By Myra P. Saefong
Oil prices fell on Wednesday, giving up modest early gains, despite US government data showing domestic crude oil supplies fell more than 5 million barrels last week, down for the fourth consecutive week, although gasoline and distillate inventories each rose sharply. .
Concerns that further interest rate hikes by the Federal Reserve could cause a recession have spread through markets in recent days, driving oil prices down for three consecutive sessions, despite concerns over the impact of the Group of Seven price cap on Russian oil imposed on Monday .
The Energy Information Administration on Wednesday reported a fourth consecutive weekly decline in U.S. crude inventories, but gasoline and distillate inventories climbed.
“If crude inventories can continue to fall, it would likely challenge the generally bearish trend that has defined [oil] prices last month,” said Robbie Fraser, director, Global Research & Analytics at Schneider Electric.
Domestic commercial crude inventories fell 5.2 million barrels for the week ended Dec. 2, the EIA said.
On average, analysts were forecasting a drop of 2.6 million barrels, according to a survey by S&P Global Commodity Insights. The American Petroleum Institute, a trade group, reported late Tuesday that crude supplies fell by 6.4 million barrels last week, Dow Jones reported, citing a source.
“Continued strength in refining activity and exports encouraged another drawdown” for crude supplies, said Matt Smith, senior oil analyst, Americas, at Kpler, in reaction to the supply data.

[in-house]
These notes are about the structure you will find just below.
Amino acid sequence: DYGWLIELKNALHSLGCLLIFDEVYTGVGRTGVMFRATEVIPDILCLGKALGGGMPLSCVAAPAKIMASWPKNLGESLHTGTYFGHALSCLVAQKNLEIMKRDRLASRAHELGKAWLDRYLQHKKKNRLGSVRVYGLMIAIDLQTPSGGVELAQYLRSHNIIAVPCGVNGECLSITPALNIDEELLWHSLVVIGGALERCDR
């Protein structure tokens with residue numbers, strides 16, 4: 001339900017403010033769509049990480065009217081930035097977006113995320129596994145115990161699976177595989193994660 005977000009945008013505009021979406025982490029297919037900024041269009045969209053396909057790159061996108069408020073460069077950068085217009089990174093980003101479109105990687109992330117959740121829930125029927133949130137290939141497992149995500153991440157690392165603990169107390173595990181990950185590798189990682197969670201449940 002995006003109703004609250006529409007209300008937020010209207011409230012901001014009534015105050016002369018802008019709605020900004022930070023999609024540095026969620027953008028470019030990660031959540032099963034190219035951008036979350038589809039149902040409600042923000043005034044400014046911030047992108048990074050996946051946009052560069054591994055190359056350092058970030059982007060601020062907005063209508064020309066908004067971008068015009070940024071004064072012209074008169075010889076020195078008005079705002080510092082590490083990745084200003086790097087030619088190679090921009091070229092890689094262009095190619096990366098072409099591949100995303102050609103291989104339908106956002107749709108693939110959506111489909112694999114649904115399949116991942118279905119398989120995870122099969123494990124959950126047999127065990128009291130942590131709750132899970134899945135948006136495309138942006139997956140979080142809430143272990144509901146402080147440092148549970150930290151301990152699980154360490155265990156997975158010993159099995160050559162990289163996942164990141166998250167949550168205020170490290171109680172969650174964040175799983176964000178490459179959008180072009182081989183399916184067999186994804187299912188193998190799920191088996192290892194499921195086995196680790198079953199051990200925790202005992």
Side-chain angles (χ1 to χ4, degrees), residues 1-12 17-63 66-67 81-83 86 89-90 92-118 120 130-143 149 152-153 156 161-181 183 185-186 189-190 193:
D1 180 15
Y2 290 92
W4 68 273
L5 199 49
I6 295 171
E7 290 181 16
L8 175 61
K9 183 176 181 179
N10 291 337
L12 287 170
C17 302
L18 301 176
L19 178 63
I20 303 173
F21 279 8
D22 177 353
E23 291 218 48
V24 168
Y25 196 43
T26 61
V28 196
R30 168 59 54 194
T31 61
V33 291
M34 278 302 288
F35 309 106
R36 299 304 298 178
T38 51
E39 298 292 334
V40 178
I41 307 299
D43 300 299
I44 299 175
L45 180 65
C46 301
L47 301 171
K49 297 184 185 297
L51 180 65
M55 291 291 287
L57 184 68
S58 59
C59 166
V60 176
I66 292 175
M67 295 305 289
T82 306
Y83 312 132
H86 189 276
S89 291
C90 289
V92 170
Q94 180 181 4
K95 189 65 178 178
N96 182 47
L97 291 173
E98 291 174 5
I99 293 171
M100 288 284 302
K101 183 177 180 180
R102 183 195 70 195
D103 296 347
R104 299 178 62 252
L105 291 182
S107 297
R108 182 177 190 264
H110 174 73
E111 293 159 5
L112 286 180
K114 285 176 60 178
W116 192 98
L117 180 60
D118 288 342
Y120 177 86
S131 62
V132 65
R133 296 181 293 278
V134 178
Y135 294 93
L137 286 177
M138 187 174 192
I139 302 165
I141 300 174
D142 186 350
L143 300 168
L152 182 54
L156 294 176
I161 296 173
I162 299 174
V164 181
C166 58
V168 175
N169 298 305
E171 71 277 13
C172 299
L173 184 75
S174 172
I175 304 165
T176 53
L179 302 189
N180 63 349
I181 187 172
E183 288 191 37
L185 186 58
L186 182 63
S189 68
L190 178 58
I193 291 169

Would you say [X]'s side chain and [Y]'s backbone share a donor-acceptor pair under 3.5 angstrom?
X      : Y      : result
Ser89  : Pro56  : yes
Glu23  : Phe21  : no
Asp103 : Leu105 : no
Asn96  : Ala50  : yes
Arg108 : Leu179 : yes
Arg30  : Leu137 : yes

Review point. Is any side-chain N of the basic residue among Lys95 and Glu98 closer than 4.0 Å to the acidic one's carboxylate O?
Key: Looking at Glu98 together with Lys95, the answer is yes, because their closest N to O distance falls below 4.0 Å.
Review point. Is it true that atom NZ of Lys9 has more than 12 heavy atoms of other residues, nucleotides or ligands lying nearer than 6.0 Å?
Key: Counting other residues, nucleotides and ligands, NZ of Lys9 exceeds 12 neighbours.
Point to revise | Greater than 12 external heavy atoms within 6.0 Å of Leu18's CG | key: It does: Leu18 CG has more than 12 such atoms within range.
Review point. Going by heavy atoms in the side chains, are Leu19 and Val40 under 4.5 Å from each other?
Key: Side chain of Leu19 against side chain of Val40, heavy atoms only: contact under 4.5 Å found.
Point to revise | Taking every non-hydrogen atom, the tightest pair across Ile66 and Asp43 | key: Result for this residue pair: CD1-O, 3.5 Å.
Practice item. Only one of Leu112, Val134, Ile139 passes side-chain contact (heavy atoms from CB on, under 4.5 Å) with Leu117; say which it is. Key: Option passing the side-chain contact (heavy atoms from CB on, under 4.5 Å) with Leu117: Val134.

As transfers from the U.S. Strategic Petroleum Reserve slow, U.S. commercial inventories are now at year-to-date lows, “expected for further decline in the coming weeks,” he said. declared.
The EIA, however, showed weekly inventory gains of 5.3 million barrels for gasoline and 6.2 million barrels for distillates. The S&P Global Commodity Insights survey had called for increases of 2.9 million barrels for gasoline and 1.9 million barrels for distillates.
Crude inventories at the Cushing, Okla., Nymex delivery hub fell 400,000 barrels for the week, the EIA said, while SPR inventories fell 2.1 million barrels.
Other Market Drivers
China has announced steps to roll back some of its COVID-19 restrictions. These include limiting severe closures and ordering schools with no known infections to resume regular classes, the Associated Press reported Wednesday.
“Traders are looking for more positive news regarding China’s zero-tolerance COVID policies,” Naeem Aslam, chief market analyst at AvaTrade, said in a market update.
And now, “we’ve heard from officials about a further easing of these measures”, providing support for investor sentiment in Asia – with the “spillover of this sentiment” likely affecting Europe and the United States given that China is the second largest economy in the world, he said.
But Stephen Innes, managing partner at SPI Asset Management, warned that “China’s COVID tsunami is coming as the world’s most populous nation is forced to take a zero COVID exit ramp”, after “far too much reopening China’s early “supported some markets. . “It will be a tale of two haves in China, where winter oil prices and COVID mobility issues give way to hope for an eternal spring in the second quarter.”
-Myra P. Saefong
(END) Dow Jones Newswire
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